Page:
Italy’s own history of bread-making is long and rich. Etruscans, among the earliest Italians, adorned their elaborate tomb walls with banquet scenes that included the grinding of grains, some of which surely went into the making of an afterlife aquacotta – the ancient soup still eaten today, featuring a base of bread. And anyone who’s ever visited Pompeii has seen the remains of bakeries on almost every corner, most conveniently located near a wine vendor!
Bread continues to hold high rank in the culinary world of Italy. However, only six types have procured the coveted status of DOP (Denominazione di Origine Protetta) — meaning that a product is guaranteed via strict regulation to be artisan and made with locally grown ingredients, using traditional methods.
Meet pane Toscano DOP or pane sciocco. Rustic in appearance, with flour-dusted lines laid like a topography map across its domed exterior, a nutty colored crust the hue of a sun-bronzed face, and without salt.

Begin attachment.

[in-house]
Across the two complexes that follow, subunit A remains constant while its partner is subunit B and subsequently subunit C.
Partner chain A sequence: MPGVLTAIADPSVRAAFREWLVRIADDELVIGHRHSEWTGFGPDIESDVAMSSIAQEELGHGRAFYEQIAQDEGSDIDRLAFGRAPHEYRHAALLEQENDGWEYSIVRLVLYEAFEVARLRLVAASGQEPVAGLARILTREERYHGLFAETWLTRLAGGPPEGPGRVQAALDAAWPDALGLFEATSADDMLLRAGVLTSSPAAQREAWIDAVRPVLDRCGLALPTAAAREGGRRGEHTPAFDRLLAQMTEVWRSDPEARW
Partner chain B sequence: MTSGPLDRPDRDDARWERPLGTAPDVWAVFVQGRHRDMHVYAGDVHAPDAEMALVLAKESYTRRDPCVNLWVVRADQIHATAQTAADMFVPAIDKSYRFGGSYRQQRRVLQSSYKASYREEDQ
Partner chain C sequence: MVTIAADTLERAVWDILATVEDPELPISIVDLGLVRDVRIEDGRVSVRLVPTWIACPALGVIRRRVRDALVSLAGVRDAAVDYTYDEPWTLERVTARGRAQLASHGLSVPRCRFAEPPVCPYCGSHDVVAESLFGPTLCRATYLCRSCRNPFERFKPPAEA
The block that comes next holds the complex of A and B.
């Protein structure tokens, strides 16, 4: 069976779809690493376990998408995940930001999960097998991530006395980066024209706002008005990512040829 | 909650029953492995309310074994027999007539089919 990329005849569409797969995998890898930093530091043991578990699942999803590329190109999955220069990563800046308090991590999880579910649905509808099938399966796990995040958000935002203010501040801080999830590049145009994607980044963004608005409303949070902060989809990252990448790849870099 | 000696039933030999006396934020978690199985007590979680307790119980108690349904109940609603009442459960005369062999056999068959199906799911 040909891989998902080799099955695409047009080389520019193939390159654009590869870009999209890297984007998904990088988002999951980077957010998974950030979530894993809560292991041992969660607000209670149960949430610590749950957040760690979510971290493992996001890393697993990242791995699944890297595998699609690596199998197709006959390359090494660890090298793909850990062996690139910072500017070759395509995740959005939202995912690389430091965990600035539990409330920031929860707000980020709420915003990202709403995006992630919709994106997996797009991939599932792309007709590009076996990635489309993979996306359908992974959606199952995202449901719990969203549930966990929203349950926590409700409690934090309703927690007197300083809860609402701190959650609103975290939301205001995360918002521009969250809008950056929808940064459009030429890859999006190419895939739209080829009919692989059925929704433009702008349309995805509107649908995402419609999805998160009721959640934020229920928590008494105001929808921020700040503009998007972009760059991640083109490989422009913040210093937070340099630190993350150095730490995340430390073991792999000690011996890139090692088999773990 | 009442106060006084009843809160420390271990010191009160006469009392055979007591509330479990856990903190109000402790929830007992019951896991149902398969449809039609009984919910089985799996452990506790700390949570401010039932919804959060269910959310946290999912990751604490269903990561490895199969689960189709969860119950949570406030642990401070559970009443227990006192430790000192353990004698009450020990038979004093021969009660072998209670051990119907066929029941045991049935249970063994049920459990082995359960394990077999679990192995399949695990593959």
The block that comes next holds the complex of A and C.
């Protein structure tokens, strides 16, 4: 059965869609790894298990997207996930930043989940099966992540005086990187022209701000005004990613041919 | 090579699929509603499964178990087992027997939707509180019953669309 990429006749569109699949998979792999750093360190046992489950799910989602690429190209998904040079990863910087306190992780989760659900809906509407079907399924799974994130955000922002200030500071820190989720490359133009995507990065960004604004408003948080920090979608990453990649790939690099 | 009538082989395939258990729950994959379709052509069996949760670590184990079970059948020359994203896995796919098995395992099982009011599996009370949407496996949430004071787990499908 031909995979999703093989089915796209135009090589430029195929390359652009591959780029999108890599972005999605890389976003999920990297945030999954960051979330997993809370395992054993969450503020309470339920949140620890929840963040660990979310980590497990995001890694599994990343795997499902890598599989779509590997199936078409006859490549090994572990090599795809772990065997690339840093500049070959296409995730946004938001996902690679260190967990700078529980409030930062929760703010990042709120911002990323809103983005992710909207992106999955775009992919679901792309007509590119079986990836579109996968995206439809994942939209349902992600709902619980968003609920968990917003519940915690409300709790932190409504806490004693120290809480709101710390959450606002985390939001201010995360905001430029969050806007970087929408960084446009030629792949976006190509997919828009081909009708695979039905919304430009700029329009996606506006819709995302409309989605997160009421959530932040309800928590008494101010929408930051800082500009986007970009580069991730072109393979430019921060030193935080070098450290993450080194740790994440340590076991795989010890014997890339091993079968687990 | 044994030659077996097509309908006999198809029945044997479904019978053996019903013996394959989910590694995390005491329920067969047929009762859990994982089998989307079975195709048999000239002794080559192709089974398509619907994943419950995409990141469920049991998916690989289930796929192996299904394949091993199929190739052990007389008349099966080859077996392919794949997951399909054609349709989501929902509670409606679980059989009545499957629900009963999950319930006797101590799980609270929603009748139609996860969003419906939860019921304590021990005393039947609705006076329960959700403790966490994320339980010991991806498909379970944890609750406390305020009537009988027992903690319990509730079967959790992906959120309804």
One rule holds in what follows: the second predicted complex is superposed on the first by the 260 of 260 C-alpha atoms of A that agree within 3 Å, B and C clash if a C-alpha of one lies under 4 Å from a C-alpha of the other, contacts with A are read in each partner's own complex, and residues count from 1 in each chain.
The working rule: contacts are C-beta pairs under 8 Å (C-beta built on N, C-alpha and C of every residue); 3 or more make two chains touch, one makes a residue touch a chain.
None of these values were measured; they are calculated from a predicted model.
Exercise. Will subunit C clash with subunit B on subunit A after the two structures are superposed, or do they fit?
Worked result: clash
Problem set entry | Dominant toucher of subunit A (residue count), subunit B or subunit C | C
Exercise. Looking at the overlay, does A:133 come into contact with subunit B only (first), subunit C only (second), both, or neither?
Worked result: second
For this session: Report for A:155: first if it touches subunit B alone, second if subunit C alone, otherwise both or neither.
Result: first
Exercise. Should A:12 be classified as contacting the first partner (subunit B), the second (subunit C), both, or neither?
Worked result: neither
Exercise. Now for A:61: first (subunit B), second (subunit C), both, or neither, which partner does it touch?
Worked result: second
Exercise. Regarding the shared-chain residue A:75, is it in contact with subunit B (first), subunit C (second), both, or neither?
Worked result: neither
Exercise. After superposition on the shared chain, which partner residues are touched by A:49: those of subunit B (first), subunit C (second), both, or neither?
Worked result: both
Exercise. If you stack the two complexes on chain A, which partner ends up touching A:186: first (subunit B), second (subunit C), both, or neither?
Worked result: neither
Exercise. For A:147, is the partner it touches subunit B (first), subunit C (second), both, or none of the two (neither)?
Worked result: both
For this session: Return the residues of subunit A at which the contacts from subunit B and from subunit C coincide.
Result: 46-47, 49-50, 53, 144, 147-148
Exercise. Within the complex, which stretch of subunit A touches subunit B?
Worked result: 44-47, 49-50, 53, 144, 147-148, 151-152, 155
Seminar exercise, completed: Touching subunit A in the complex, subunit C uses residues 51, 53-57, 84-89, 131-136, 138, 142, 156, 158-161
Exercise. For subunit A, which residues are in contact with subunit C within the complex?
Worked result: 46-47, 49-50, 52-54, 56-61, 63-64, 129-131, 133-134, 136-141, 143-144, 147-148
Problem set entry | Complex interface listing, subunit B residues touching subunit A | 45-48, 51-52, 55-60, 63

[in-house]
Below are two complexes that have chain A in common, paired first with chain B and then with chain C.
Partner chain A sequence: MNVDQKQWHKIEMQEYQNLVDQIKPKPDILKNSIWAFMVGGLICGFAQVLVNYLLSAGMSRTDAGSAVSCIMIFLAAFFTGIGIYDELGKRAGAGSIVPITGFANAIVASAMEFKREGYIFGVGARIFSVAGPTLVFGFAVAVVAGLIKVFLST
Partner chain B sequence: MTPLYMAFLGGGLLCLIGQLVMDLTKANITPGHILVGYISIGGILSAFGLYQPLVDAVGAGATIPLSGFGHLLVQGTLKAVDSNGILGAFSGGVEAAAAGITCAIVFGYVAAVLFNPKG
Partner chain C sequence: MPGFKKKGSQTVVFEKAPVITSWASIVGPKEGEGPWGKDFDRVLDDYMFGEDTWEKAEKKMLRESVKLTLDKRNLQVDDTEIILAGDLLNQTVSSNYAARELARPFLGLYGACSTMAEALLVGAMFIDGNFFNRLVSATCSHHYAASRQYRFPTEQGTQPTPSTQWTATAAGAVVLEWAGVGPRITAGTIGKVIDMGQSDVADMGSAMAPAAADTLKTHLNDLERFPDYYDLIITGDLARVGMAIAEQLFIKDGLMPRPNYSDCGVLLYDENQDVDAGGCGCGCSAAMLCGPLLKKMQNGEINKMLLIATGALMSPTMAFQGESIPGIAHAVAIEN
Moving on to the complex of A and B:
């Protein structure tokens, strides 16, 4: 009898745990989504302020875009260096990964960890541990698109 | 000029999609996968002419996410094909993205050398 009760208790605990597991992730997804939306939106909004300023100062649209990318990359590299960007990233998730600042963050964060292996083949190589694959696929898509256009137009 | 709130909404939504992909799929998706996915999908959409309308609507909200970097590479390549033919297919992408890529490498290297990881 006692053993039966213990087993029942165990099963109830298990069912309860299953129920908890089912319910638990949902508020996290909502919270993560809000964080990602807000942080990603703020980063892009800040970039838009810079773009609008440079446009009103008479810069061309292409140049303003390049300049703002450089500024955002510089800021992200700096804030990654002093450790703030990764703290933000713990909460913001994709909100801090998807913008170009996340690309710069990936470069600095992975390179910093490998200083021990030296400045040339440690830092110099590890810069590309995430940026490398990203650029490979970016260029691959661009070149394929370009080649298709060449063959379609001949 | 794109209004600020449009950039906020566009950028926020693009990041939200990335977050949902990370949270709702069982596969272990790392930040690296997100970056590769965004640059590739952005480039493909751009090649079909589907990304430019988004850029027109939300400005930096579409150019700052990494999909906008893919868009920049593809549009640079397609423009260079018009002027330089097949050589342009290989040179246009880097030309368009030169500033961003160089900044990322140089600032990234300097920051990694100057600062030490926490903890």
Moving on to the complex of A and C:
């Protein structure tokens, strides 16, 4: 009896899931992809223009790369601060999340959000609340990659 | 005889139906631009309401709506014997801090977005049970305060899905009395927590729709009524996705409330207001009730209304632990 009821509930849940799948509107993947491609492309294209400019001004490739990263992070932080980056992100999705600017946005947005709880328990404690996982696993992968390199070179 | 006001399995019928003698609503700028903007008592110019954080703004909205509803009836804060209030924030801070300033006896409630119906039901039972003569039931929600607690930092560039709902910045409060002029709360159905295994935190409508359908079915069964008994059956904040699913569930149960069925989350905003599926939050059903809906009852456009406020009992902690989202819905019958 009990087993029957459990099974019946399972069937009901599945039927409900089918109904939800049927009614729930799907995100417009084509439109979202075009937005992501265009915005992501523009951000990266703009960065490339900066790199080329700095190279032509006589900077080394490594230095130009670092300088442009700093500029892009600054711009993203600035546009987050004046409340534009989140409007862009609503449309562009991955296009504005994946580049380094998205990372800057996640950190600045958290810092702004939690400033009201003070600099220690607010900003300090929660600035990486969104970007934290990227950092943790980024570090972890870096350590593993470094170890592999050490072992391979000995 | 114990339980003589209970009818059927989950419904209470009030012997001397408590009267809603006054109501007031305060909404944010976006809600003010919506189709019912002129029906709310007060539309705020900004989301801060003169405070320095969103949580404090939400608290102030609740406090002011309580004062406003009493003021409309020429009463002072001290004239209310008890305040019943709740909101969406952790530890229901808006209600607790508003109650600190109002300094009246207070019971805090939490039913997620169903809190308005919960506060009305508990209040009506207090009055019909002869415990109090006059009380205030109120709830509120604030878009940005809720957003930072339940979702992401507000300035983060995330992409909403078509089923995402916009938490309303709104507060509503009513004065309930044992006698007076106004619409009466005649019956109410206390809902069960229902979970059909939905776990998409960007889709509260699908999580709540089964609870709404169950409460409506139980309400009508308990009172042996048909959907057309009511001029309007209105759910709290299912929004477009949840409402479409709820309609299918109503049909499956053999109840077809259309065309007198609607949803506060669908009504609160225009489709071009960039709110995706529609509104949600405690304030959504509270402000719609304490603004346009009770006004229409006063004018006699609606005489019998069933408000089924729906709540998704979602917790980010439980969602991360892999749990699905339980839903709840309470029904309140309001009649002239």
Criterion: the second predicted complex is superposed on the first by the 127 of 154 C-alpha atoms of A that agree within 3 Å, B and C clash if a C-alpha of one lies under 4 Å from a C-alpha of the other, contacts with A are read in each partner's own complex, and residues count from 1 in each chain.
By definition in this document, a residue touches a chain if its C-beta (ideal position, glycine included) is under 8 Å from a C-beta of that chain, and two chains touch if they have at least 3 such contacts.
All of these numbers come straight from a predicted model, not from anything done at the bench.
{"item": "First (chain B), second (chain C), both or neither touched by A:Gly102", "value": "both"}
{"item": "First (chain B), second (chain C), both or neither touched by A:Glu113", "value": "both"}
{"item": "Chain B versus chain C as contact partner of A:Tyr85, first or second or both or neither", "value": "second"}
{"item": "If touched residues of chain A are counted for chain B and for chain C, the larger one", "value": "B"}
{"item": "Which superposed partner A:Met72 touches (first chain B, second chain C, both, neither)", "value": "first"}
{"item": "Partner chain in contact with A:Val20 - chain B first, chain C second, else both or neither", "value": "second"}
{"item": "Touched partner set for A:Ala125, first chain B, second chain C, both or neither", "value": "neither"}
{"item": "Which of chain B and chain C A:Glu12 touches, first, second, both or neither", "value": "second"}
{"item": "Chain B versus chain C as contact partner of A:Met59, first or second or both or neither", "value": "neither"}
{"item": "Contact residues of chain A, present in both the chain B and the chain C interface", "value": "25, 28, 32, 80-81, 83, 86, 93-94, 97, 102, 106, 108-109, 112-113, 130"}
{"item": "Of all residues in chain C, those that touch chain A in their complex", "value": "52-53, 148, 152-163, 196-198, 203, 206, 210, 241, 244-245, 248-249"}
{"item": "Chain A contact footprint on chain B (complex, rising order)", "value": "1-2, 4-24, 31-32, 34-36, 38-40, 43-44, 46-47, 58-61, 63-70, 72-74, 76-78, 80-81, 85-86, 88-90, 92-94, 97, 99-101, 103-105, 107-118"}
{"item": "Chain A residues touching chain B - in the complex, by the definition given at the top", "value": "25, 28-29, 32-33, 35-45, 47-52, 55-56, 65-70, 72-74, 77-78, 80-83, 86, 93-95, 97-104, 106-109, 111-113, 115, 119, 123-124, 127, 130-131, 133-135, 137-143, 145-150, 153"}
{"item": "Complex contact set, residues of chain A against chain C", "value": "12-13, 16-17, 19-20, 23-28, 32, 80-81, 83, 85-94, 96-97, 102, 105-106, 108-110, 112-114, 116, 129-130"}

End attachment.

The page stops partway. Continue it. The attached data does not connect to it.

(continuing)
Legend would have it that during one of the stand-offs between medieval Pisa and Florence, the Arno River was blockaded by the Pisan army, thus cutting off salt delivery to Florence. The Florentines smugly rolled their eyes and continued to bake their bread…senza sale!
Another explanation tells us that salt, a prized commodity during the Middle Ages for its ability to preserve foods, was taxed outrageously. The regular guy could not afford it, and thus – the daily bread was made without it.
|La speranza ha due bellissime figlie; i loro nomi sono rabbia e coraggio. Rabbia per le cose come sono e coraggio per vedere che non rimangono come sono. (Sant'Agostino)||Hope has two beautiful daughters; their names are Anger and Courage. Anger at the way things are, and Courage to see that they do not remain as they are. (Saint Agostine)||Italian